Buena Vista Park - green space both tamed and wild
04 December 2013
Image: Pete Kiehart/The Chronicle
Architect Bonnie Fisher (M.L.A. '80), who has lived across from Buena Vista Park for 25 years, explores what the hill reveals about San Francisco today as part of urban design critic John King's revisit to The Chronicle's "Hills of San Francisco" series. Insights from both her career working with urban space and her familiarity with the area give Fisher a deeper understanding of the park as a space characteristic of San Francisco.
"The hill is the unifying element for the neighborhood, the punctuation mark, but also has so many aspects," said Fisher, who is Principal of ROMA Design Group with her husband, Boris Dramov. At 36 acres, the city's third-largest park is elevated above residential buildings dating back to the 18th and 19th centuries, and overlooks Haight Street from its perch. A dense backdrop of trees distances the park from the communities encircling it.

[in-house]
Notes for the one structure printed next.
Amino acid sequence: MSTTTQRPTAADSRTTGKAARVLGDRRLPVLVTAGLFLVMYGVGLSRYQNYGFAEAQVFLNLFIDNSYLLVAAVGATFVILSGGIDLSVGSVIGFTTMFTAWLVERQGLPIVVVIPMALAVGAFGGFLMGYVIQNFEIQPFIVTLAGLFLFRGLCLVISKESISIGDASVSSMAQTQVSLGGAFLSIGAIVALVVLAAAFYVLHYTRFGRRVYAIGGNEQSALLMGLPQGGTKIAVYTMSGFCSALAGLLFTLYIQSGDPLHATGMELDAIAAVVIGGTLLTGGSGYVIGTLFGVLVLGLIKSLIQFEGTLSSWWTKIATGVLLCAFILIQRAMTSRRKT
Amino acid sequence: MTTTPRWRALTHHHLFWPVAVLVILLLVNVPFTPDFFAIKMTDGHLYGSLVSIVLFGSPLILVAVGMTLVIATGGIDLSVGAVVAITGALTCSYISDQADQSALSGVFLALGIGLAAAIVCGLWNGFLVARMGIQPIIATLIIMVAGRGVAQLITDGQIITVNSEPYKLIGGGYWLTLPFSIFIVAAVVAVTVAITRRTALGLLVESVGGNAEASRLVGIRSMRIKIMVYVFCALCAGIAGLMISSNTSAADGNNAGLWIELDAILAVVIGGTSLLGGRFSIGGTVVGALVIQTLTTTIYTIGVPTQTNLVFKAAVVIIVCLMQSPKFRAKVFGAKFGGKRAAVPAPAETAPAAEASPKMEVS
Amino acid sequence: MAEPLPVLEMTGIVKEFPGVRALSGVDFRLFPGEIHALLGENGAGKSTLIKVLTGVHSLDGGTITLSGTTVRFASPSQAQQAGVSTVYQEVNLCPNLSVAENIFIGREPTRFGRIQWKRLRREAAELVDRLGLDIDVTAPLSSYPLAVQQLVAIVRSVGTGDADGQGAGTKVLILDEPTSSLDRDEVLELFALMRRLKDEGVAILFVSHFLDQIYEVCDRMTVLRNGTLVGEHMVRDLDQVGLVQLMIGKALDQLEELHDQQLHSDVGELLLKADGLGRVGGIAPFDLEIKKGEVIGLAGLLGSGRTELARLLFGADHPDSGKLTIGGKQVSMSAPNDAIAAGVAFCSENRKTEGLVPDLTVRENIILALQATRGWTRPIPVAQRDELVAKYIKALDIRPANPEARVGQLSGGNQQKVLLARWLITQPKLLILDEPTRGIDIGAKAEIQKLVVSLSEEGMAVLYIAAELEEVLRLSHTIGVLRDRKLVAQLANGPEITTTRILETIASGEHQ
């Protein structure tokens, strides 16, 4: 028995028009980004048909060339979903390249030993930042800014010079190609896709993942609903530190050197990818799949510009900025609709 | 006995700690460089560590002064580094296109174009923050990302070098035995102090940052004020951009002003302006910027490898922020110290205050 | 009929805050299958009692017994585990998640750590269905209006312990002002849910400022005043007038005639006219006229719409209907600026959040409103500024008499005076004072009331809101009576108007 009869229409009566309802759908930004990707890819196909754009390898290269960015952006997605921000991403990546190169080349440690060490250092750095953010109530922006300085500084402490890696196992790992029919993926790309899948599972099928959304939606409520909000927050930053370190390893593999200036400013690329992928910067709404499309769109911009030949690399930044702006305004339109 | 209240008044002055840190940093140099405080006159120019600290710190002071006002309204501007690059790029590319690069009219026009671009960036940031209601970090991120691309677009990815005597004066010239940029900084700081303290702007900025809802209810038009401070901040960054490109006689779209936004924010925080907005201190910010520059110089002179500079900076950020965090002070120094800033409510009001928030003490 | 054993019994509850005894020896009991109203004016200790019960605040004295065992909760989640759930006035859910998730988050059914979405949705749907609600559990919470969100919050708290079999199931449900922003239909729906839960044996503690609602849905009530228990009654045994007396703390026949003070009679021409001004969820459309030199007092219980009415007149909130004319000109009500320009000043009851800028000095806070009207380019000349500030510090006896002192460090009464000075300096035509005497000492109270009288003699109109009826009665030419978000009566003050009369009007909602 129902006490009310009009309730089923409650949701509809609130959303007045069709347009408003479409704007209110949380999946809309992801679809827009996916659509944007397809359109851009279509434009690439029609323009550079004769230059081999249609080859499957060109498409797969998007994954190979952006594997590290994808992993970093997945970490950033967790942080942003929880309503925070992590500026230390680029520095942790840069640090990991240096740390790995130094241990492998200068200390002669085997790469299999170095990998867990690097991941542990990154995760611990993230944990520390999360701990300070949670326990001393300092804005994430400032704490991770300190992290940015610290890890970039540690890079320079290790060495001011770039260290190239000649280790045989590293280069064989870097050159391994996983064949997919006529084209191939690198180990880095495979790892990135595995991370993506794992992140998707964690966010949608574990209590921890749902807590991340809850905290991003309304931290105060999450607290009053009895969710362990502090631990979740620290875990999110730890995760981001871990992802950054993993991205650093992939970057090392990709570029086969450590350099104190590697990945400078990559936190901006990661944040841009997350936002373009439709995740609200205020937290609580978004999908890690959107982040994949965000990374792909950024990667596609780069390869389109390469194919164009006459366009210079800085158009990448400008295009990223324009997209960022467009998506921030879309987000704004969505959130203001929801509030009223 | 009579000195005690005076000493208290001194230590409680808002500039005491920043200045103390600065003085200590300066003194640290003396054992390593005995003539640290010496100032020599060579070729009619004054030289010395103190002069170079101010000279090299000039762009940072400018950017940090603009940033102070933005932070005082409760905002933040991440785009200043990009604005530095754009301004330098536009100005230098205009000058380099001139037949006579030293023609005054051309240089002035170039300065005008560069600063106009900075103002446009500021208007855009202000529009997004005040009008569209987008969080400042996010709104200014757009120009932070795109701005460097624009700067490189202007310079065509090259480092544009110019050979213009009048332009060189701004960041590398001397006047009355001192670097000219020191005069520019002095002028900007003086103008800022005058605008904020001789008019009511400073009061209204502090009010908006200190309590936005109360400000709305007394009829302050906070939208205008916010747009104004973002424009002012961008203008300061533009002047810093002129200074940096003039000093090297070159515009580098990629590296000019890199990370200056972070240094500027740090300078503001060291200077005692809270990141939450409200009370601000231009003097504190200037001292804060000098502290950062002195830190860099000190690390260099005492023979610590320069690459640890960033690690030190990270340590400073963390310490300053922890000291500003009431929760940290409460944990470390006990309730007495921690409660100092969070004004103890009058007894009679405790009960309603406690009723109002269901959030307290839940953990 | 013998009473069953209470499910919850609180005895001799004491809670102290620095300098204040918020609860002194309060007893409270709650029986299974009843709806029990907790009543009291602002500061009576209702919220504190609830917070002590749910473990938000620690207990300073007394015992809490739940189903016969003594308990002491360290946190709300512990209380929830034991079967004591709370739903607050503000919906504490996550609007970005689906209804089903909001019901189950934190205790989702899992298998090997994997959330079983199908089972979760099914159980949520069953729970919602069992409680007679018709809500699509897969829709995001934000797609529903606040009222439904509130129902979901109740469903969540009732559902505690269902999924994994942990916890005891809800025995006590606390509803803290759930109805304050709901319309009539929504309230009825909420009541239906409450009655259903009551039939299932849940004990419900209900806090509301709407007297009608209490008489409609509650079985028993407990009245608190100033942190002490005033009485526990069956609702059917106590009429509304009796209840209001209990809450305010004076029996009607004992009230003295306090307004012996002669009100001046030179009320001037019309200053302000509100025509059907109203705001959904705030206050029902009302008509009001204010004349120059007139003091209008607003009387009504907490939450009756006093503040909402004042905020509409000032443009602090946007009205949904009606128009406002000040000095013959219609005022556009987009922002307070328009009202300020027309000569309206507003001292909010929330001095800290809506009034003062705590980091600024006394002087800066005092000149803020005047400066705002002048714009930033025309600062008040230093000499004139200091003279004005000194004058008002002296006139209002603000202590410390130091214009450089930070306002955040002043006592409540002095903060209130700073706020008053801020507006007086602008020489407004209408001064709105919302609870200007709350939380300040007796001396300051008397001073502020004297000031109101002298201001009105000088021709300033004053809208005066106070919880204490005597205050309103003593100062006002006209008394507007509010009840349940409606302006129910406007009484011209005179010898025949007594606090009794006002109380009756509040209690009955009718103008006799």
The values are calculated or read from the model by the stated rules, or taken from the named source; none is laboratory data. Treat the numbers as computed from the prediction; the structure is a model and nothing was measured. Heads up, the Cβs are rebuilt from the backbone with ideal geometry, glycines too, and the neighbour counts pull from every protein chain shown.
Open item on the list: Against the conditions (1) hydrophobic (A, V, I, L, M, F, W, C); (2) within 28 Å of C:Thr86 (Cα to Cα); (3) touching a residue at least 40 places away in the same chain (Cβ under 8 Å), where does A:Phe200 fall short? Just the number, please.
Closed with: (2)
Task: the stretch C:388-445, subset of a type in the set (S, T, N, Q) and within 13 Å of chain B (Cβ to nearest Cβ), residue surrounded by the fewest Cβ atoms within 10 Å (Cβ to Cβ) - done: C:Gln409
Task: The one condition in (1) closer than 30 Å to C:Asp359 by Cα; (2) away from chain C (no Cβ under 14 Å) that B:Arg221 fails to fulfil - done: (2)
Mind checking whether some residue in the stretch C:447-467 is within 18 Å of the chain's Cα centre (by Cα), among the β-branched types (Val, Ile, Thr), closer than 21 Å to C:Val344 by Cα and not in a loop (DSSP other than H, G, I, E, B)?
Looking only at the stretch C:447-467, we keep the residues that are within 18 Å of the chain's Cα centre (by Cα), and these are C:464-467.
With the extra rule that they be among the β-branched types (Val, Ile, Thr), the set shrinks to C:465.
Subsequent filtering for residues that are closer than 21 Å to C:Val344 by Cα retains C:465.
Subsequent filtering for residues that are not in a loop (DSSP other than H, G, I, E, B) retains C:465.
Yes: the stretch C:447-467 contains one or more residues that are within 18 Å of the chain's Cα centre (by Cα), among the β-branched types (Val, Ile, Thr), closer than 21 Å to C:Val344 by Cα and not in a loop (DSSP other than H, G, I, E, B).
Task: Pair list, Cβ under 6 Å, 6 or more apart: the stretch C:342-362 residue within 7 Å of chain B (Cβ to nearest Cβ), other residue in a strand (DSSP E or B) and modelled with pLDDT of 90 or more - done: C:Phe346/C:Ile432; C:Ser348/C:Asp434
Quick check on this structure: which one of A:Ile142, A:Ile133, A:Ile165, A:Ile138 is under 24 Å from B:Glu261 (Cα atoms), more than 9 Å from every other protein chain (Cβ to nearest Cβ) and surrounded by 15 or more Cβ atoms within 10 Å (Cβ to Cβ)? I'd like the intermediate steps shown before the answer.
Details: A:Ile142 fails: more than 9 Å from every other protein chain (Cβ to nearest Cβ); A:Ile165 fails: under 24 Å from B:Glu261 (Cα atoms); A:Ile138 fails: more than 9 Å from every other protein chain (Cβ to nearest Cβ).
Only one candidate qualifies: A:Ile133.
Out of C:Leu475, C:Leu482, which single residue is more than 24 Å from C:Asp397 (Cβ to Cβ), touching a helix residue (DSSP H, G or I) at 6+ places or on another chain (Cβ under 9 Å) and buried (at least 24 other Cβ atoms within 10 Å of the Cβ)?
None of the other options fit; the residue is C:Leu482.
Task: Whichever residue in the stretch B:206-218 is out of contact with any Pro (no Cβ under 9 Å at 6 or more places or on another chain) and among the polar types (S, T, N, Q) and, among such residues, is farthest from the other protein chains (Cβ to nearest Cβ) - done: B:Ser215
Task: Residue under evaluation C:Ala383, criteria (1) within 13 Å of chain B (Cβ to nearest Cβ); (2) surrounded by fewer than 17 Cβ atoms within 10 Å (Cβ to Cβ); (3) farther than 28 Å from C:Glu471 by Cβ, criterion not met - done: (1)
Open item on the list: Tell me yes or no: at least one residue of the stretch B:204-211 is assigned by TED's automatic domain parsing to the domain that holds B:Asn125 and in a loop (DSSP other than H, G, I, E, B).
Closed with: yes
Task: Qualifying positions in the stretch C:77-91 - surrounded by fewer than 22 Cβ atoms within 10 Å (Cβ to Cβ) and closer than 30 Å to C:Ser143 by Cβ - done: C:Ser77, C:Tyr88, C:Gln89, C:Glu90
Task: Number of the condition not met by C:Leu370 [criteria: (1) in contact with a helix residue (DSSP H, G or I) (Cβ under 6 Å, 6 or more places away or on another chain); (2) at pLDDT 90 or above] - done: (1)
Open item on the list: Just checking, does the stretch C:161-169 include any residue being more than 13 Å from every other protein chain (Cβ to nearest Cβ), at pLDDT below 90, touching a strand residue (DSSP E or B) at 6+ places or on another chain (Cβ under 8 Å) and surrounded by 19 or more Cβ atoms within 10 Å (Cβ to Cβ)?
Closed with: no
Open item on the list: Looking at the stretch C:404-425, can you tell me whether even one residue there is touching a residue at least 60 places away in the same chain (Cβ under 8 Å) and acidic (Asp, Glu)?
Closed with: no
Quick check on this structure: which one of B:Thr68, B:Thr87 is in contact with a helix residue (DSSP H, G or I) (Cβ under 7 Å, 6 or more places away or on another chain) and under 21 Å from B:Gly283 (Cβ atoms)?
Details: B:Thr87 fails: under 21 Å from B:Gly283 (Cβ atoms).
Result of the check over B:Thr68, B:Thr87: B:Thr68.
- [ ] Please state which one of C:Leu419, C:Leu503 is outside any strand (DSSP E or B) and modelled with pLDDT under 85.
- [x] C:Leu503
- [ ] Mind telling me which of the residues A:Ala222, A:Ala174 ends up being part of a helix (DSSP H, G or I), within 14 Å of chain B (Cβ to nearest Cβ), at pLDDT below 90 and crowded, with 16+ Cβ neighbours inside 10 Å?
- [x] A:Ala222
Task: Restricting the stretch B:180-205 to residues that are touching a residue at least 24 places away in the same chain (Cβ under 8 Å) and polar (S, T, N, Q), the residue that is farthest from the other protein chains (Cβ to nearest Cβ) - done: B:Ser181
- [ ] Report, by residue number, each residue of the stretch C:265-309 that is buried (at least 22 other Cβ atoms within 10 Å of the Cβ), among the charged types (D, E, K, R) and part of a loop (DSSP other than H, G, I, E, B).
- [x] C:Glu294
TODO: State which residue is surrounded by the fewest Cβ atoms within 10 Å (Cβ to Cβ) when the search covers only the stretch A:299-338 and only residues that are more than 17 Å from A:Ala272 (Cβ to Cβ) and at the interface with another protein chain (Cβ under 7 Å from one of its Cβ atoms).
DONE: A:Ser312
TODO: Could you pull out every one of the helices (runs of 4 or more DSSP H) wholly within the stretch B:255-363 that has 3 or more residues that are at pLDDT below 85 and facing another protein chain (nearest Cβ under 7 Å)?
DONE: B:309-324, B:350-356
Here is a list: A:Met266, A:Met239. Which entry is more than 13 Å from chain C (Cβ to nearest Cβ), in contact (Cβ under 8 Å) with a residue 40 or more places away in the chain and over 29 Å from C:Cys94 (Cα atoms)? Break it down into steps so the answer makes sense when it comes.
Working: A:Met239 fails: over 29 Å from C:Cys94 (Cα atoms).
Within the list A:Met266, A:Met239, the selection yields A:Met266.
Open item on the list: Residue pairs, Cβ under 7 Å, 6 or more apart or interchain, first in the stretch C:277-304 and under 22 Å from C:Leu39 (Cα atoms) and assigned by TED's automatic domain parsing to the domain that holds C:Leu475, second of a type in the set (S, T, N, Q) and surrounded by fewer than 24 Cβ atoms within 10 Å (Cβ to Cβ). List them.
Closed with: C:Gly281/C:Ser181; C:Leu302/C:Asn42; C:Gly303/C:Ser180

The unmanicured trails attract an eclectic crowd, from street kids to tourists to professional dog walkers, and a gritty history of murders, crime and drug use lingers behind to give the park a wild dimension. Organized neighborhood activities including tree plantings and volunteer days complement the park's darker side, and Buena Vista Park has seen neighborly outings, weddings and memorial services. "There are layers of experience and history and meaning, a cultural landscape as well as a physical one," said Fisher. "It's an interesting place."